A common trap, Sygo pointed out, is the “big salad”—a frequent sight when health-conscious endurance athletes gather. You feel like you’re eating an enormous meal, but if you’re not careful it won’t have as many calories as your stomach is telling you. Given the growing understanding of the downsides of (often unintentional) underfueling, it’s worth keeping calorie density in mind. Grains and fats are good options, along with subtler tweaks. For example, the easy training plate includes only fresh fruit; the moderate and hard plates add stewed and dried fruits.

Eliminate Dead Weight

There’s no delicate way to say this: you’ve got one to two pounds of fecal matter in your colon, and getting rid of it before a competition might give you an infinitesimal edge. One approach that athletes in weight-sensitive sports have long used is a temporary low-residue diet—“residue” being the undigested fiber, bacteria, and water that’s left over after you’ve digested the good stuff. In practice, that means cutting way back on fiber for a few days.

Researchers at Liverpool John Moores University in Britain tested this approach in a study published earlier this year. They had 19 volunteers cut back from their typical 30 grams of daily fiber to less than 10 for four straight days, while maintaining the same overall calorie content and macronutrient distribution in each meal. The result: average weight loss of 1.3 pounds, presumably mostly poop. The other result: harder stools and half as many bowel movements, though 18 of 19 volunteers said they’d be willing to repeat the intervention.

There are other reasons you might be interested in a pre-race low-residue diet. A few years ago, pro cyclist Mike Woods told me he follows a “five-year-old’s” low-fiber diet prior to races, not to lose weight but to minimize GI upset. For most of us, losing a pound wouldn’t be worth the hassle. Even for elites, Sygo noted, it’s marginal. She broached the topic with a track athlete recently, but didn’t get far before the athlete cut her off with some version of: I’ll do anything to win, but not that.

Pump Your Iron Up

Sygo isn’t a supplement pusher. She noted four relevant and evidence-backed ergogenic aids for track athletes: beta-alanine, sodium bicarbonate, creatine, and caffeine. Only the last one has been shown to reliably work for long-distance events. (That’s consistent with a recent International Olympic Committee consensus statement, though they also included nitrate on their list.) She also noted some key parameters to monitor on an ongoing basis: vitamin D, vitamin B12—and iron.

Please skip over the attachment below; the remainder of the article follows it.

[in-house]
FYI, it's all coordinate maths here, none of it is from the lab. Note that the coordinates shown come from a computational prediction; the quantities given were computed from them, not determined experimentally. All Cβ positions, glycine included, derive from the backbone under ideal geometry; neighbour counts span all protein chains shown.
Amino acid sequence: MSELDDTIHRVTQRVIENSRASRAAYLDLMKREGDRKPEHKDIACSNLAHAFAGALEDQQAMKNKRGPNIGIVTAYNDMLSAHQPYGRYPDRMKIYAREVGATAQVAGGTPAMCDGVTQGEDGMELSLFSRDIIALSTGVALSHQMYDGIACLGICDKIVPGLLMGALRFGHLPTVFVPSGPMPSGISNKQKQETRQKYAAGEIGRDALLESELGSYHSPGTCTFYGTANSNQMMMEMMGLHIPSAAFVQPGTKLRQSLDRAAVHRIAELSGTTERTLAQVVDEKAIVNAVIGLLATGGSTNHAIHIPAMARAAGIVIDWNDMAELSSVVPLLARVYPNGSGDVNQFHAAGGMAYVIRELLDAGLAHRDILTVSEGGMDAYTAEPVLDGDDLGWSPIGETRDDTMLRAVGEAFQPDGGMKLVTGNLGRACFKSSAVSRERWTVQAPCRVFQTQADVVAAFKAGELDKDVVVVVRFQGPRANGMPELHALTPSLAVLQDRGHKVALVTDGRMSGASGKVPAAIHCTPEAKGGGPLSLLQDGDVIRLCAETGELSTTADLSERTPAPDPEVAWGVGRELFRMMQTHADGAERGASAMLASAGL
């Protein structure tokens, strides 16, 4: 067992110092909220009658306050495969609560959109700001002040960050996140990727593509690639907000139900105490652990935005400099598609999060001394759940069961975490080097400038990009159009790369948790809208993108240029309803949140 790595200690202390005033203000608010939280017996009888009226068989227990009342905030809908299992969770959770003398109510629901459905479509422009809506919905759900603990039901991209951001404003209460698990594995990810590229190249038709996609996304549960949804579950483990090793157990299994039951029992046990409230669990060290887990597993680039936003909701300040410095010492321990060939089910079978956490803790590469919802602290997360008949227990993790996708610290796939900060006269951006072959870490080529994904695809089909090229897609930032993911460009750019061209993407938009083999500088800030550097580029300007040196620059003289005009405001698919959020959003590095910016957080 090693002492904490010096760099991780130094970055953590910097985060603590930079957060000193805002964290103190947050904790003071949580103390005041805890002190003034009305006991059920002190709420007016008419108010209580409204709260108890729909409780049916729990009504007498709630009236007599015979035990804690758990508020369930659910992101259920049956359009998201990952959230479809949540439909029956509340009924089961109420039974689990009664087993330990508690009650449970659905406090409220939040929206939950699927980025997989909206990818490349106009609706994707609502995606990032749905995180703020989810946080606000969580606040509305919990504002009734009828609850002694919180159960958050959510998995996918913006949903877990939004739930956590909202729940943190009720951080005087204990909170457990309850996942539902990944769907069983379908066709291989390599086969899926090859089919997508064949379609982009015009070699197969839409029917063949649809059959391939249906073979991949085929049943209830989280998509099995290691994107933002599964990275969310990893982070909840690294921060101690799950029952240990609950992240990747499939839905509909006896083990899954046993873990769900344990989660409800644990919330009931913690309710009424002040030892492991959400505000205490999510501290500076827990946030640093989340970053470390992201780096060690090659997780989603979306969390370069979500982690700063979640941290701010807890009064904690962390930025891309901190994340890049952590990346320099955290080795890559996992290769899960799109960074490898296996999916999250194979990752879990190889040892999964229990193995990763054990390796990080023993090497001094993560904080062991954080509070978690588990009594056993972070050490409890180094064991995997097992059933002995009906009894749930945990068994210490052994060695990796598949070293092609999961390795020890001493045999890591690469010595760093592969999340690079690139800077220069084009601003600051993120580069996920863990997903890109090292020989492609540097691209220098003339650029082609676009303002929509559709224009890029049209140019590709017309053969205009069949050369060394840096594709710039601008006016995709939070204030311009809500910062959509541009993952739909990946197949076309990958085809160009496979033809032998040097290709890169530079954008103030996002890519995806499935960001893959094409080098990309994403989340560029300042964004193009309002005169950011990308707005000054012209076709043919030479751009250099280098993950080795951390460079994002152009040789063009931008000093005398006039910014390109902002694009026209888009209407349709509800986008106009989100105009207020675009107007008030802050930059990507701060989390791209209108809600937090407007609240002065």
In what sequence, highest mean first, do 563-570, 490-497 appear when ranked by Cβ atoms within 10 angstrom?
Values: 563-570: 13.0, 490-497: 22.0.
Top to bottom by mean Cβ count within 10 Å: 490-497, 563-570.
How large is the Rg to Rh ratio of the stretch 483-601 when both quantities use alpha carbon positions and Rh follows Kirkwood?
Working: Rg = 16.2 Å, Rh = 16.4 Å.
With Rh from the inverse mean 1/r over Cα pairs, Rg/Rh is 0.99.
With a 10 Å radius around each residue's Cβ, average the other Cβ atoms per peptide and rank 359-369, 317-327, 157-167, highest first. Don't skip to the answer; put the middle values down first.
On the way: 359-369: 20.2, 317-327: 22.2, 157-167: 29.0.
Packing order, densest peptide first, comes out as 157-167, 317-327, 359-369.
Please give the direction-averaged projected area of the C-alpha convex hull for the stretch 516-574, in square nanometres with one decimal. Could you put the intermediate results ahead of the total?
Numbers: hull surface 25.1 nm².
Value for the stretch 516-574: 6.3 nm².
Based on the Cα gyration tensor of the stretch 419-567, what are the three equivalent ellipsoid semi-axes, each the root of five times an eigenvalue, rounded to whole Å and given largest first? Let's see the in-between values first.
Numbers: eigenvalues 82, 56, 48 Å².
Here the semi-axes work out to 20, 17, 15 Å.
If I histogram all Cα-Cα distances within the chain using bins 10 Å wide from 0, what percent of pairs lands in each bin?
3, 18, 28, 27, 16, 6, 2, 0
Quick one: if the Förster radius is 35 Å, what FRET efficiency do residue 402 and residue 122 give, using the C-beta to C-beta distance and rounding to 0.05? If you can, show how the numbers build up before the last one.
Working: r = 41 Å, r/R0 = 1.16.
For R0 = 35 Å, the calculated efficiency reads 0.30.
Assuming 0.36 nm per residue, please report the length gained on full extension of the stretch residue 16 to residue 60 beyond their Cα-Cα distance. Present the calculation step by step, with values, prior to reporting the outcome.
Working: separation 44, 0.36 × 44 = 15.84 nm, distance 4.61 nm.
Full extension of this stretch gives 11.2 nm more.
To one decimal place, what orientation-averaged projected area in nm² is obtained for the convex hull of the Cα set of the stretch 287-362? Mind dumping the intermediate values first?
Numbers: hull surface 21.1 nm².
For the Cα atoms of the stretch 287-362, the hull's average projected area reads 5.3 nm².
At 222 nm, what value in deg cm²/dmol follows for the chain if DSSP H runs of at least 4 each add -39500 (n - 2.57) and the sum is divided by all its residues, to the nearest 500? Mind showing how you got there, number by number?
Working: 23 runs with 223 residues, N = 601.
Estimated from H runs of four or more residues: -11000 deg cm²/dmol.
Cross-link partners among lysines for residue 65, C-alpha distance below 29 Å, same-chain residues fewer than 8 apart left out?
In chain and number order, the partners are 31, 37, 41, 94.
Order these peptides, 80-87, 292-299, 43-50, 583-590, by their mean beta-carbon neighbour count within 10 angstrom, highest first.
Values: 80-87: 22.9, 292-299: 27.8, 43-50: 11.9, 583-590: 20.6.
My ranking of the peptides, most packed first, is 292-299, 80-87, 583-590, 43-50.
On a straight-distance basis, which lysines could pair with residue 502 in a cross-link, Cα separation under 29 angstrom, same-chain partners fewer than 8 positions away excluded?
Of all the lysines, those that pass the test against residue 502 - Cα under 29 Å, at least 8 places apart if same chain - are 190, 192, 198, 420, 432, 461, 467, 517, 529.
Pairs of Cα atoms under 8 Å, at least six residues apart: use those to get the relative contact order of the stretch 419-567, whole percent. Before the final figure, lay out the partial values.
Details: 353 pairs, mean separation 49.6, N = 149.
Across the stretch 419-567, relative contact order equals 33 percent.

The risk of low iron is a familiar topic for endurance athletes. I’ve written before about what thresholds to watch out for and how to get your levels up. Sygo’s target are similar or perhaps a little higher: she suggests aiming for ferritin levels of at least 30 micrograms/L in women and 50 micrograms/L in men. For hemoglobin, she suggests a target of at least 130 g/L for both men and women. The usual minimum threshold for hemoglobin in healthy women is a little lower, but it’s not clear whether that’s really optimal, or just reflects the fact that women tend to have lower (and perhaps suboptimal) hemoglobin levels primarily due to menstruation.

One of the particular challenges for athletes is that heavy exercise produces elevated levels of a hormone called hepcidin, which interferes with iron absorption for up to six hours after training. As a result, Sygo suggests taking supplements away from training time, ideally on an empty stomach, with vitamin C to aid absorption. She also noted a further twist: U.S. Army researchers recently showed that in addition to being triggered by exercise itself, hepcidin is further triggered if you don’t get enough calories to replace what you burn. That’s yet another reason to avoid underfueling.

I should emphasize that I’ve cherry-picked the bits of Sygo’s presentation that I found most interesting or unusual. In practice, it’s the big picture that matters more than the little details. Still, getting your sports nutrition right requires a lot of trial and error, because everyone’s different. You’ll need to experiment to find out which approaches work best for you, and that definitely means rehearsing in training everything you want to try in competition. And in the end, it’s the fundamentals that matter most: eating a healthy, balanced, and calorically sufficient diet is going to do way more for your performance and health than dropping a pound of poop.